Edinburgh residents are very upset that traffic has been diverted to residential areas to make room for the trams and are complaining that air pollution levels have increased as a result.
Whenever trams arrive in a city bus services are regarded somewhat as second class. A good example is in Birmingham where buses have been diverted away from the city centre pending the arrival of some on-street running of trams. Bus passengers are now expected to walk a considerable distance to the heart of the city which is largely traffic free. The council will argue that it is all part of a grand scheme to pedestrianise the city centre but in effect it is the council failing to realise that the bus plays a massive part in the success of the city and just because a few trams will impressively be seen on the streets again is no excuse to penalise bus passengers.

 Trams are always given generous road space, much of it 
completely separated from other traffic. Here we see one 
of the West Midlands trams on separate track and 
on the right, buses trapped in the congestion with cars.
If the money that is being spent on bringing the Birmingham trams from their dedicated ex-railway routes under the city onto the streets for a short distance could have been invested in dedicated bus lanes to improve bus reliability the city would have actually achieved something really positive.
Towns and cities that pay lip service to having bus lanes and no car lanes and then not enforcing them are guilty of setting a bad example. Our local city council are very guilty in this respect. They have 'bus only' lanes right in the heart of the city which are never enforced. Every extra vehicle that sneaks through adds congestion  to where buses set down and pick up. I have seen complete gridlock being caused by one extra vehicle that shouldn't have been there in the first place and when the council are asked what they are going to do about it they say the police should do the enforcement and when you are ask the laid back police they say it's not a high priority.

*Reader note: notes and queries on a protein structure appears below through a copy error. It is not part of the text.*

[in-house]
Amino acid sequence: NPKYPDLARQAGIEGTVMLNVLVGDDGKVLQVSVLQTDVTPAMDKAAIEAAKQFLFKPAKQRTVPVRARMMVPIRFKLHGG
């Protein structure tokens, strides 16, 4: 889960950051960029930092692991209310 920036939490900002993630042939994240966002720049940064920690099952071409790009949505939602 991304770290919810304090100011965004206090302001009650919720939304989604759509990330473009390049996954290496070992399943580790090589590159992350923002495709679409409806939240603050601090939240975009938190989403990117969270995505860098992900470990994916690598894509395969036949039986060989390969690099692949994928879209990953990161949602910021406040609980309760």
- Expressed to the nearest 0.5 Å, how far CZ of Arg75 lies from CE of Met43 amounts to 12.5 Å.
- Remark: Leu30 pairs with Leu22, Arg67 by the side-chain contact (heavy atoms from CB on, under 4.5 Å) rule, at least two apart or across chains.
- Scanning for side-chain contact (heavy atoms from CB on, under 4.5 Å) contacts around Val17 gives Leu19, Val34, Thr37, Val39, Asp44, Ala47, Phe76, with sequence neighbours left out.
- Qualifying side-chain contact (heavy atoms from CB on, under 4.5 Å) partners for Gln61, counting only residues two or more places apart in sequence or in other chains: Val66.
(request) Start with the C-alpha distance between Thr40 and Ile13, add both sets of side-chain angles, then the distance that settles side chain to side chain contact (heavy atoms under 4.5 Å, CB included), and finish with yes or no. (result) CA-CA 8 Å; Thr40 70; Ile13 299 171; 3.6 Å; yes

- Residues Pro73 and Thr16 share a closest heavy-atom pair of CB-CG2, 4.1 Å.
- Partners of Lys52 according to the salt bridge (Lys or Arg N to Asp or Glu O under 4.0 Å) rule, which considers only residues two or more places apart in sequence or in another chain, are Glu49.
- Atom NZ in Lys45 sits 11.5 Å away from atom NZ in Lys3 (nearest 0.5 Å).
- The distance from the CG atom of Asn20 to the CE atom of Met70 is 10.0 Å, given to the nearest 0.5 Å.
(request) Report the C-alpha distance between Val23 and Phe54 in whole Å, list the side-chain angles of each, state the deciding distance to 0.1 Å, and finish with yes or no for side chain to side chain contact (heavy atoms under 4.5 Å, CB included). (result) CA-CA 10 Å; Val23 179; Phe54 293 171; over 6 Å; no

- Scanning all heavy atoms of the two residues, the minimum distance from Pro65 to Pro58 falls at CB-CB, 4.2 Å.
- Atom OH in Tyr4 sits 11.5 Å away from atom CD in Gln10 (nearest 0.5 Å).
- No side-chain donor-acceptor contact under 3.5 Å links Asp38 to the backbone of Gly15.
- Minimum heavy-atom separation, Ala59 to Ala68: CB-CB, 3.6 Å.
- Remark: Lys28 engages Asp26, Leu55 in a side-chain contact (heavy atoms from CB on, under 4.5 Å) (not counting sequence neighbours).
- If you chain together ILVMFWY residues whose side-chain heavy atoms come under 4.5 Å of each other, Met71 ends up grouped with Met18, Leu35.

Back to trams versus buses, it is now reasonable for the UK to declare that due to progress in zero emission buses no further new tram systems will be allowed and that a massive focus on bus priority measures will be undertaken.
The strange concession given to taxis whereby they are allowed to benefit from the use of bus lanes should also be withdrawn, leaving much more free road space for the vehicle that does all the hard work - THE BUS

It will be no surprise to hear that there is much criticism about the Edinburgh Tram project, some of which can be read here